New Law Exempts Veterans Memorial Poppy Flowers from State Sales Tax
Senator Jack M. Martins (R-7th Senate District) and Assemblywoman Michelle Schimel (D-16th Assembly District) announced that legislation they sponsored to help deliver additional funding to veterans and servicemembers in need was recently signed into law by Governor Andrew Cuomo. The new law (Chapter 478 of 2016) creates a state sales tax exemption for veterans organizations selling poppy flowers to benefit disabled veterans and those currently serving the American armed forces.
“For almost a century, poppies have been sold to benefit men and women who sacrificed for our country and now need a helping hand. Creating this sales tax exemption will deliver additional resources to aid heroes in need. This is another positive step forward in fulfilling our societal obligation to do everything we can to help those who sacrificed in defense of our country,” said Senator Martins.
“I applaud Governor Cuomo for signing this bill into law. This sales tax exemption is a meaningful way for New York State to give back to its veterans and show our appreciation for their service. Many of us see these symbolic poppy flowers every year to remind us of the sacrifices our veterans and servicemembers have made for our country, and now people can purchase poppies knowing that all of the proceeds will benefit the veterans—as they should,” said Assemblywoman Schimel.
Veterans service organizations have been distributing poppies in exchange for donations to benefit disabled and hospitalized veterans for over 90 years. Each poppy is hand-made by a disabled or needy veteran who is paid a wage for their work. That tradition continues to this day, with the program having expanded to also help active duty military personnel and their families.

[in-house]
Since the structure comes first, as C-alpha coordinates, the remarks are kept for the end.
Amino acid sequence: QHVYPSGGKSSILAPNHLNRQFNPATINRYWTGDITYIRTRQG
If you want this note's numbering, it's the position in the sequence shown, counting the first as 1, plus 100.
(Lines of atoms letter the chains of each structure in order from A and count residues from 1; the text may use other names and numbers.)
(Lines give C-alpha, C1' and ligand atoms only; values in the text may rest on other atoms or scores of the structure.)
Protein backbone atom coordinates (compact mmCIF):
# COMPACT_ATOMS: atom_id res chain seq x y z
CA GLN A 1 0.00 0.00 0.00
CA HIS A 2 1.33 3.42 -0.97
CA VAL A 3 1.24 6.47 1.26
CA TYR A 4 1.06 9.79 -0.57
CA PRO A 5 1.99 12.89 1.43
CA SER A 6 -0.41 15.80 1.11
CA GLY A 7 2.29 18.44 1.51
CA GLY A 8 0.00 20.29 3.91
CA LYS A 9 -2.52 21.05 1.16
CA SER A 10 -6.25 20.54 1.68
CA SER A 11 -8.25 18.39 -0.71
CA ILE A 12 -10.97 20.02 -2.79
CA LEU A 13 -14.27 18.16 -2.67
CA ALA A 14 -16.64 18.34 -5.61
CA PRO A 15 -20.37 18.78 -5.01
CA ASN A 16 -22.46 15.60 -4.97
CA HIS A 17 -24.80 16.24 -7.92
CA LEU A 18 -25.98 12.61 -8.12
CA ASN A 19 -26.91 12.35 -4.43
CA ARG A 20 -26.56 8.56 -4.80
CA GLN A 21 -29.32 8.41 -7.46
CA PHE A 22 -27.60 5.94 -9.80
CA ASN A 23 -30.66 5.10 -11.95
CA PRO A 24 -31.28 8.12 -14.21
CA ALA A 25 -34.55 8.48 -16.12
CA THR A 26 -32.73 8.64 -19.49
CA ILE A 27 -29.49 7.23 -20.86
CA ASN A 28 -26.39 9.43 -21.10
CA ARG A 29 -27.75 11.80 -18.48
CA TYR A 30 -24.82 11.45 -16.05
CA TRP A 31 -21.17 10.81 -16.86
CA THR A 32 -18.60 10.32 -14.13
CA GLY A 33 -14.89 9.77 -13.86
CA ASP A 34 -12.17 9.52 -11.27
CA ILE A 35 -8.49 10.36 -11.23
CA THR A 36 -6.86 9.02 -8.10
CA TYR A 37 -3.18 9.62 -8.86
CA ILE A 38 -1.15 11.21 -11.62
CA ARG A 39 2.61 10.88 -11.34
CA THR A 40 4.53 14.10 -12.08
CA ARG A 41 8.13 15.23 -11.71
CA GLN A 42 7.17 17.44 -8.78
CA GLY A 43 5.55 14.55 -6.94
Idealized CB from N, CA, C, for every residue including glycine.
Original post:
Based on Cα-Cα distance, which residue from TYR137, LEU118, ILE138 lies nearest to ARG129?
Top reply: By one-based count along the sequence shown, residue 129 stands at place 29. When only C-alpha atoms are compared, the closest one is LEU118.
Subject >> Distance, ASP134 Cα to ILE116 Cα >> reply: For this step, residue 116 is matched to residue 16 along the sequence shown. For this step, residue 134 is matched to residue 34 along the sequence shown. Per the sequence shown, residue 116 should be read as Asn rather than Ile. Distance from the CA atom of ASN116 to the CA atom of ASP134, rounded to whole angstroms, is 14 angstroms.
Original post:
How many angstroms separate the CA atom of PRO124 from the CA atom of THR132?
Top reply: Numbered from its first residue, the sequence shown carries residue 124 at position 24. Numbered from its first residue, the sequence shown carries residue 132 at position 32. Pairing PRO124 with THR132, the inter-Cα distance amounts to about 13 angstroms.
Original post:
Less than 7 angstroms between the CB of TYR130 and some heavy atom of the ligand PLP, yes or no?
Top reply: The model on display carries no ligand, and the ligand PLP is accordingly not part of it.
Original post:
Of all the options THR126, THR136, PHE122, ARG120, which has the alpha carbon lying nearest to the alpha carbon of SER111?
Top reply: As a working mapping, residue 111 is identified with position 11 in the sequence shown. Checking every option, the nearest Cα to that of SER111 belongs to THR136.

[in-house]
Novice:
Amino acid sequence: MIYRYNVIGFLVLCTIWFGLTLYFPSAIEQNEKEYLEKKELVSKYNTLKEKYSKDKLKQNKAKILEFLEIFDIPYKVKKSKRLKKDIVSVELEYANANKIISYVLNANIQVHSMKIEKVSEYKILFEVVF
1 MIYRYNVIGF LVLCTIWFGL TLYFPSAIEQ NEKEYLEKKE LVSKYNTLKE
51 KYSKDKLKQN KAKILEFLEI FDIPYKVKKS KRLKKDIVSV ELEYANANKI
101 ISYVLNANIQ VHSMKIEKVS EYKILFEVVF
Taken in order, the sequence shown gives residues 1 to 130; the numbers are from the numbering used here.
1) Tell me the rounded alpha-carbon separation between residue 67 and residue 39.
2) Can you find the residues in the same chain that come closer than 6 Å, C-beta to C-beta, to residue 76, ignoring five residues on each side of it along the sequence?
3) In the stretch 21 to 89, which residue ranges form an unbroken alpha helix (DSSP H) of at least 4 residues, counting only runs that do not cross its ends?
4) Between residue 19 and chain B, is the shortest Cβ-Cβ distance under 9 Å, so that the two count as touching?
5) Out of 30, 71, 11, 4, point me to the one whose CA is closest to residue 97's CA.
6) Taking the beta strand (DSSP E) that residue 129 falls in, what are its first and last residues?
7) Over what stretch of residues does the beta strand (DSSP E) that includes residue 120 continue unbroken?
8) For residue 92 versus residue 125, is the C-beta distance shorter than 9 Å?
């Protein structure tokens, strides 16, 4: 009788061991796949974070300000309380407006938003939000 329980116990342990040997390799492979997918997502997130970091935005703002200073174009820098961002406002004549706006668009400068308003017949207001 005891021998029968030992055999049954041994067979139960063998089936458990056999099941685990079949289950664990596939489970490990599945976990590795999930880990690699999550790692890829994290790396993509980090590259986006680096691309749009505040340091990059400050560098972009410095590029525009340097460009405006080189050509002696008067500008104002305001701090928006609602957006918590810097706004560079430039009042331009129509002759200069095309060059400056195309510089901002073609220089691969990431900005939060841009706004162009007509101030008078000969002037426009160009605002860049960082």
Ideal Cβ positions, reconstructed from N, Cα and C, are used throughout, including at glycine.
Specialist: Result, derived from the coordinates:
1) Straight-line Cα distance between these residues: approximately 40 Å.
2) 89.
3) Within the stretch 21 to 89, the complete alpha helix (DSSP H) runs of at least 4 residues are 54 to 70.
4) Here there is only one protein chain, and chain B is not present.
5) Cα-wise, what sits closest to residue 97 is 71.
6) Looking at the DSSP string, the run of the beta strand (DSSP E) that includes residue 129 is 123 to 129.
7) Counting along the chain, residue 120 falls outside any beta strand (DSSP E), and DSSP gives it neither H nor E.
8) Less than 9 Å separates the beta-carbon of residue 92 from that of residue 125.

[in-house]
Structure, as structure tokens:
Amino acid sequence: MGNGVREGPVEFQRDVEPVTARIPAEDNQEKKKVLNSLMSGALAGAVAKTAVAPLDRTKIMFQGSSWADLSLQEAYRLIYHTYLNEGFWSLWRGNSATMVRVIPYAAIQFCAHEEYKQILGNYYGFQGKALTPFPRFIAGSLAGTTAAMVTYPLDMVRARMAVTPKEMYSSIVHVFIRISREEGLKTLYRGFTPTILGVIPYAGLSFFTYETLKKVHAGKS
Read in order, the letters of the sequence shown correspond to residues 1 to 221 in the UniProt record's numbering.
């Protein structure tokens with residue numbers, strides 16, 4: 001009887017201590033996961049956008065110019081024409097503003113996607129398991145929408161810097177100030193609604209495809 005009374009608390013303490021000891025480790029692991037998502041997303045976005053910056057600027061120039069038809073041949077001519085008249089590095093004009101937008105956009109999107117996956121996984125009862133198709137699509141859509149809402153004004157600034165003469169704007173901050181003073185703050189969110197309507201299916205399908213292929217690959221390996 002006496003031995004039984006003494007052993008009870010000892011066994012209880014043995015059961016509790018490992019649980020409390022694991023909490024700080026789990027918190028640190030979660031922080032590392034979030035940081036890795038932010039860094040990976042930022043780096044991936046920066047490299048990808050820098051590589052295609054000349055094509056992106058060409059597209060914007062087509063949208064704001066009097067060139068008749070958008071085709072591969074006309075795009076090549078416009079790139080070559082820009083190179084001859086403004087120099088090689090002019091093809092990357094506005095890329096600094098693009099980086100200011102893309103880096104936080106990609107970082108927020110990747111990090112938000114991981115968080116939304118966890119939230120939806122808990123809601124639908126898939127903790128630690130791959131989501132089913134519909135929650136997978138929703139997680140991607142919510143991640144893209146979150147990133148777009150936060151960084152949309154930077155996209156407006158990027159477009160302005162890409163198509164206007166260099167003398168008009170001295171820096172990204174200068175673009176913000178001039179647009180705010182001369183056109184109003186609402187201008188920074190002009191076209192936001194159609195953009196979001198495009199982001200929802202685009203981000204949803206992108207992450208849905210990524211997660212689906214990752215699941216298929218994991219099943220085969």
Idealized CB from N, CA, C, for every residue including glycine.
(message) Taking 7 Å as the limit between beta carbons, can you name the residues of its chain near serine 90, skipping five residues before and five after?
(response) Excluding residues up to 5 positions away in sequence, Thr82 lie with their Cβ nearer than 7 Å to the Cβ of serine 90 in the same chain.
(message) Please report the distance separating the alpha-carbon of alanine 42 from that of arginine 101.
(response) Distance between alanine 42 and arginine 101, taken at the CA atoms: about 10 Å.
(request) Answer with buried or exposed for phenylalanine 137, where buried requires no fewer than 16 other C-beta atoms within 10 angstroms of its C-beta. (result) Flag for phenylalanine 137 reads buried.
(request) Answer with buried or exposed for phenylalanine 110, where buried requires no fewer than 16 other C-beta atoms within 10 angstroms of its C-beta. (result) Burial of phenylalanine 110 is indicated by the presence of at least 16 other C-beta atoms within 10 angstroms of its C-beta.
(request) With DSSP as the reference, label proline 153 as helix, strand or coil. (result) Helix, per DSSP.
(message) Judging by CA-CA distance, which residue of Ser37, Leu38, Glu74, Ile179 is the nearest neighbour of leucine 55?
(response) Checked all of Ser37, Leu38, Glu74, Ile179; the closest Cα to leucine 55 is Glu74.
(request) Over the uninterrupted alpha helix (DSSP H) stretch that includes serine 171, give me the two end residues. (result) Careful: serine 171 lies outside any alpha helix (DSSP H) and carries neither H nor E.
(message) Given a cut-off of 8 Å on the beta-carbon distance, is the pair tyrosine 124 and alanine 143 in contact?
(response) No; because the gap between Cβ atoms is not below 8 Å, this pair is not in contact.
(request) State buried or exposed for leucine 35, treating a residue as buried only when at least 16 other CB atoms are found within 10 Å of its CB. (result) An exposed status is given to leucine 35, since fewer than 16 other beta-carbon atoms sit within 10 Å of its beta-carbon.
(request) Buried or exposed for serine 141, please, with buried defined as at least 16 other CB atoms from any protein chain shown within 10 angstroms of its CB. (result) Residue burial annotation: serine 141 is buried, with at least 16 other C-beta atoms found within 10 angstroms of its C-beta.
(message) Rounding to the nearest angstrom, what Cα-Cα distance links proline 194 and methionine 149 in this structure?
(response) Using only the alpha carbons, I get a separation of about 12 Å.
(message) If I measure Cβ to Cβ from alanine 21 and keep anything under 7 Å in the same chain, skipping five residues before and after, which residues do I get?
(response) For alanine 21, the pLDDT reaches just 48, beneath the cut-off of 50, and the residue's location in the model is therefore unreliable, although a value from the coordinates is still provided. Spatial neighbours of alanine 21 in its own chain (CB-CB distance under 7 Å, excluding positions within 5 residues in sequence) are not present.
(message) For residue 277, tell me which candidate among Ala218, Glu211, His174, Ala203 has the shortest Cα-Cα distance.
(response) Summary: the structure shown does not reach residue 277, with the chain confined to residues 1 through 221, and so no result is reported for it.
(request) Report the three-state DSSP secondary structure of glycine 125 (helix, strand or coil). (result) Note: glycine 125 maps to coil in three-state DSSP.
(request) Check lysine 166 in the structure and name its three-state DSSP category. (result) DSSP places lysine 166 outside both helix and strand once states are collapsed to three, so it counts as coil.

However, all sales of these poppies are subject to state sales tax. The law authored by Senator Martins and Assemblywoman Schimel exempts veterans organizations from having to pay sales tax for selling poppies, up to $2,500 a year, ensuring that more of these funds are used for their intended purpose.
The poppy flower has long been a symbol used for honoring American soldiers who died bravely fighting for their country. The commonplace practice of wearing poppies on Veteran’s Day originates from John McCrea’s 1915 poem “In Flanders Fields.” The poppy is a constant reminder that through the devastation of war, peace will eventually return, such as the poppy flowers grew on the war ravaged fields of World War I.
The new law takes effect March 1, 2017.